Consider Alternative Products with Care
Blossoming flowers of the witch hazel (hamamelis virginiana) are ssen in the Stadtpark during a fine and sunny day on February 12, 2007 in Baden-Baden, Germany.

Extracts from witch hazel have long been used in skin care, but probably never had anything to do with witches. The plant's name is thought to have come from the Old English verb "wice," meaning "to bend," which is a good descriptor of the plant's branches.

Johannes Simon/Getty Images News/Getty Images

In the beauty aisle and beyond, you'll find items that are sold -- and have been sold for centuries, in some cases -- as wrinkle reducers. Science is only just starting to catch up to these old wives' claims.

For example, witch hazel -- more accurately, a water-based solution made from the herb called witch hazel -- has long been applied topically in the hopes of tightening skin. Now, laboratory studies are showing that this plant has anti-inflammatory properties similar to white tea. Inflammation is part of the immune system's response to elements, such as tobacco smoke, that damage skin cells and thus lead to wrinkles. Extracts of rose and pomegranate also provided similar benefits [source: Thring et al].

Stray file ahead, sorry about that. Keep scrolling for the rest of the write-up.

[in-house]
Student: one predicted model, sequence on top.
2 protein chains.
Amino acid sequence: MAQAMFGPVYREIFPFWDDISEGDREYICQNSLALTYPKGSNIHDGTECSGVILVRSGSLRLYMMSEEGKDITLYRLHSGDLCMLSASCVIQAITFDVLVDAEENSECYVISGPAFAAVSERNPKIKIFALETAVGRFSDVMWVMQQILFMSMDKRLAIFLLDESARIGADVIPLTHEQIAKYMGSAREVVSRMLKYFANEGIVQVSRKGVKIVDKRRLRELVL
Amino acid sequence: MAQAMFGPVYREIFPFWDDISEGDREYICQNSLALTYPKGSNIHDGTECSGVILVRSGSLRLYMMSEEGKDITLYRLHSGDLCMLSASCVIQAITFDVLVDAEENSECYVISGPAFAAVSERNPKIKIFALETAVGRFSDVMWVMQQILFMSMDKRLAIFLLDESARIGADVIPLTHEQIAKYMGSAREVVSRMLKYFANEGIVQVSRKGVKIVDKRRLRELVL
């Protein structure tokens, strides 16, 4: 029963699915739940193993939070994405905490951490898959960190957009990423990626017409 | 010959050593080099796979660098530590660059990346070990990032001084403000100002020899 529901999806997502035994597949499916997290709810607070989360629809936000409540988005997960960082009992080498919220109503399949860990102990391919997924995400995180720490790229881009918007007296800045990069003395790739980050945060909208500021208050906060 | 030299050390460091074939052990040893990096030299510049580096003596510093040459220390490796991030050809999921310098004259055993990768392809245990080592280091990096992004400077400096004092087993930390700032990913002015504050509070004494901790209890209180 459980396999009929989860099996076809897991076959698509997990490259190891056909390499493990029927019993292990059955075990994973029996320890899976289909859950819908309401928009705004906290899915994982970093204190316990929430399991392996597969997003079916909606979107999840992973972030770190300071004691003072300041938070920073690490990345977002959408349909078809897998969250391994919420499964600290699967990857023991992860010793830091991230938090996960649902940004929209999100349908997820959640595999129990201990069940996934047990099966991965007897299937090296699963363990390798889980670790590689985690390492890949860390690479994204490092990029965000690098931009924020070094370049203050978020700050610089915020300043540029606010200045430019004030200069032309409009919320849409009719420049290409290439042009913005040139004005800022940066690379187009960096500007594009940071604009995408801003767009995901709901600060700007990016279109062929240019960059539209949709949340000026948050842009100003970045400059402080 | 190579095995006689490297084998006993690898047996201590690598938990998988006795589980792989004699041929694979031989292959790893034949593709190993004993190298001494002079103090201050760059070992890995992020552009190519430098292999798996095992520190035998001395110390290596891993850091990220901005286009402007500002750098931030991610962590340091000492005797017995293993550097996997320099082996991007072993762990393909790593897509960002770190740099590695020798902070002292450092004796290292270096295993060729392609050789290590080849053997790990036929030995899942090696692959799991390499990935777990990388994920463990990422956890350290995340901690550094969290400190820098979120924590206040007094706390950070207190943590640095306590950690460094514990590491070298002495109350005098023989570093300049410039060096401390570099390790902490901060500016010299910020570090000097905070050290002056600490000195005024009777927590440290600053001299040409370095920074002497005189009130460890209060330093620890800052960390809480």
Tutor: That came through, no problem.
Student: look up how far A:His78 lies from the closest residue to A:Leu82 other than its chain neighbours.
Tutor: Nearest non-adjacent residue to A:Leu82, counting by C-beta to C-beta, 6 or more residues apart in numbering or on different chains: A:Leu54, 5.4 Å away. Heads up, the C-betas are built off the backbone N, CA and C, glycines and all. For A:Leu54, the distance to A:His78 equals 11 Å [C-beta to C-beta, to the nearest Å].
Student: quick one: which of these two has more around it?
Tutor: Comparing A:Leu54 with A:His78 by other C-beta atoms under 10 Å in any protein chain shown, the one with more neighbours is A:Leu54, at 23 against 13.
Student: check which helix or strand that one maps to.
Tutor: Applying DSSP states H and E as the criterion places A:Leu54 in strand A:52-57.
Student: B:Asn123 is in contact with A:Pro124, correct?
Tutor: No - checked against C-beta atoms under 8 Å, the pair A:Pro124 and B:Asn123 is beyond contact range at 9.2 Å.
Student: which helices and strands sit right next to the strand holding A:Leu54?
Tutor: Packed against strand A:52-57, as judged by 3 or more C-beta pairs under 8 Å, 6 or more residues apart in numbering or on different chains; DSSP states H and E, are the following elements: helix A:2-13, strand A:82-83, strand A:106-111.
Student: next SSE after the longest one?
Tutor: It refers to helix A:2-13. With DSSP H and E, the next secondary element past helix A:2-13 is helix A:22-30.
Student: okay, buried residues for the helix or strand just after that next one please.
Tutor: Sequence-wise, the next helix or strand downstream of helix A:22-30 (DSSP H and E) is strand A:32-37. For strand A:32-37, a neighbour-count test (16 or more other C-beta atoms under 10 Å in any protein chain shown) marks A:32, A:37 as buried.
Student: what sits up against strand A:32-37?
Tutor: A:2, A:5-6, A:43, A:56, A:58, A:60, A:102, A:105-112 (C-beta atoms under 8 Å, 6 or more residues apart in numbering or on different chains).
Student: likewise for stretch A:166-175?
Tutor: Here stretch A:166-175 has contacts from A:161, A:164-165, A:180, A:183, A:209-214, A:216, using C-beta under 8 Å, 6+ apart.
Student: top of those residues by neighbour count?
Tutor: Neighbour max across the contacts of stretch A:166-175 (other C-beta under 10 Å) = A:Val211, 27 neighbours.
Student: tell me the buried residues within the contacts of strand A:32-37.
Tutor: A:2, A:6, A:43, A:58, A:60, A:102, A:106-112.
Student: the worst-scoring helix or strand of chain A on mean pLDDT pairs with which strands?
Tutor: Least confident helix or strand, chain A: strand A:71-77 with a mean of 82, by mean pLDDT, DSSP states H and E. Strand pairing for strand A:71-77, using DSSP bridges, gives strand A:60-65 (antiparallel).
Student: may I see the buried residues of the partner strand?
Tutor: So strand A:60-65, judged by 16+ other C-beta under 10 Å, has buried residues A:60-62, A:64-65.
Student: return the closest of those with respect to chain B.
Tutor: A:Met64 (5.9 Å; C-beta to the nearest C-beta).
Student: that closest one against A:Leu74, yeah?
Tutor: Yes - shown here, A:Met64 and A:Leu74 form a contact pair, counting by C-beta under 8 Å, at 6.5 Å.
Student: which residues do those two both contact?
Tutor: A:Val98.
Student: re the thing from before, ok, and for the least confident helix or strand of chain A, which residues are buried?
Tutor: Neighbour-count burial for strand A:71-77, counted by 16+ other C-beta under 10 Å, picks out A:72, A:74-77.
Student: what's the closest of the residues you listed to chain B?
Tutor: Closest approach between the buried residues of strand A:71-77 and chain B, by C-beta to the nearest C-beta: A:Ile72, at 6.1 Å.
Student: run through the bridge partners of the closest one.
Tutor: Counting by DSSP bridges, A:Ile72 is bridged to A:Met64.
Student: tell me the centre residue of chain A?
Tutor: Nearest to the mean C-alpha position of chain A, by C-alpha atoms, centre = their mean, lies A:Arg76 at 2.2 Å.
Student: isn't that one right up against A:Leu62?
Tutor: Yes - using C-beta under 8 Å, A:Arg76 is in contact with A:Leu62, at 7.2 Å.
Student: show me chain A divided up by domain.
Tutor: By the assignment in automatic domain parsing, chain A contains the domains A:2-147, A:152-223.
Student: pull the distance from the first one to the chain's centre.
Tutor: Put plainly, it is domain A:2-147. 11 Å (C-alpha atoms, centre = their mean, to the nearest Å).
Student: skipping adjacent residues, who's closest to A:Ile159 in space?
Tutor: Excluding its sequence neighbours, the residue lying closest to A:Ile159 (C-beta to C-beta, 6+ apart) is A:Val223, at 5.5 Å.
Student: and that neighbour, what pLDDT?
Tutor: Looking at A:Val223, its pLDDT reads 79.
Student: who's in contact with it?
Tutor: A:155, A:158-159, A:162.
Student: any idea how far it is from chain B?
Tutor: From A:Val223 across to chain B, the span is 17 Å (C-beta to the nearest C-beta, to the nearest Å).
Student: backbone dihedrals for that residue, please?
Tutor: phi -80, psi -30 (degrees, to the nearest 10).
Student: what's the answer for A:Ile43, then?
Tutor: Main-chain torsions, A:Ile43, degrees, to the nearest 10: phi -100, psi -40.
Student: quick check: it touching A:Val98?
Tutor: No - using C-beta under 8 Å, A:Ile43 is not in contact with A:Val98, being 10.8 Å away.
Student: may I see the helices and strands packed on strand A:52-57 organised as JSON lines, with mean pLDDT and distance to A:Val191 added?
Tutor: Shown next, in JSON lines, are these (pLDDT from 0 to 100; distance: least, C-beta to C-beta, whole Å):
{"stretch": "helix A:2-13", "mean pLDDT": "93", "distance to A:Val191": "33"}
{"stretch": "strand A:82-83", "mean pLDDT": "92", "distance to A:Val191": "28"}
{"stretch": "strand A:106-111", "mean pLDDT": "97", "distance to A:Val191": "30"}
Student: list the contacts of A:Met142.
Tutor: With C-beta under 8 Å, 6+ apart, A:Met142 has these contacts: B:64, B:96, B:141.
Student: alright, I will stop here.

If you decide to try an alternate remedy, exercise good sense. First, do some research. Make sure the treatment isn't inherently dangerous. Don't eat or drink anything not meant to be ingested, for instance, and remember that even healthful products can be harmful in large doses. Also consider cost-effectiveness. If the remedy involves an exotic product, like extract of angelica, the financial commitment can empty your wallet before you really see results.

Our next tip invokes the sports maxim that a good defense is the best offense.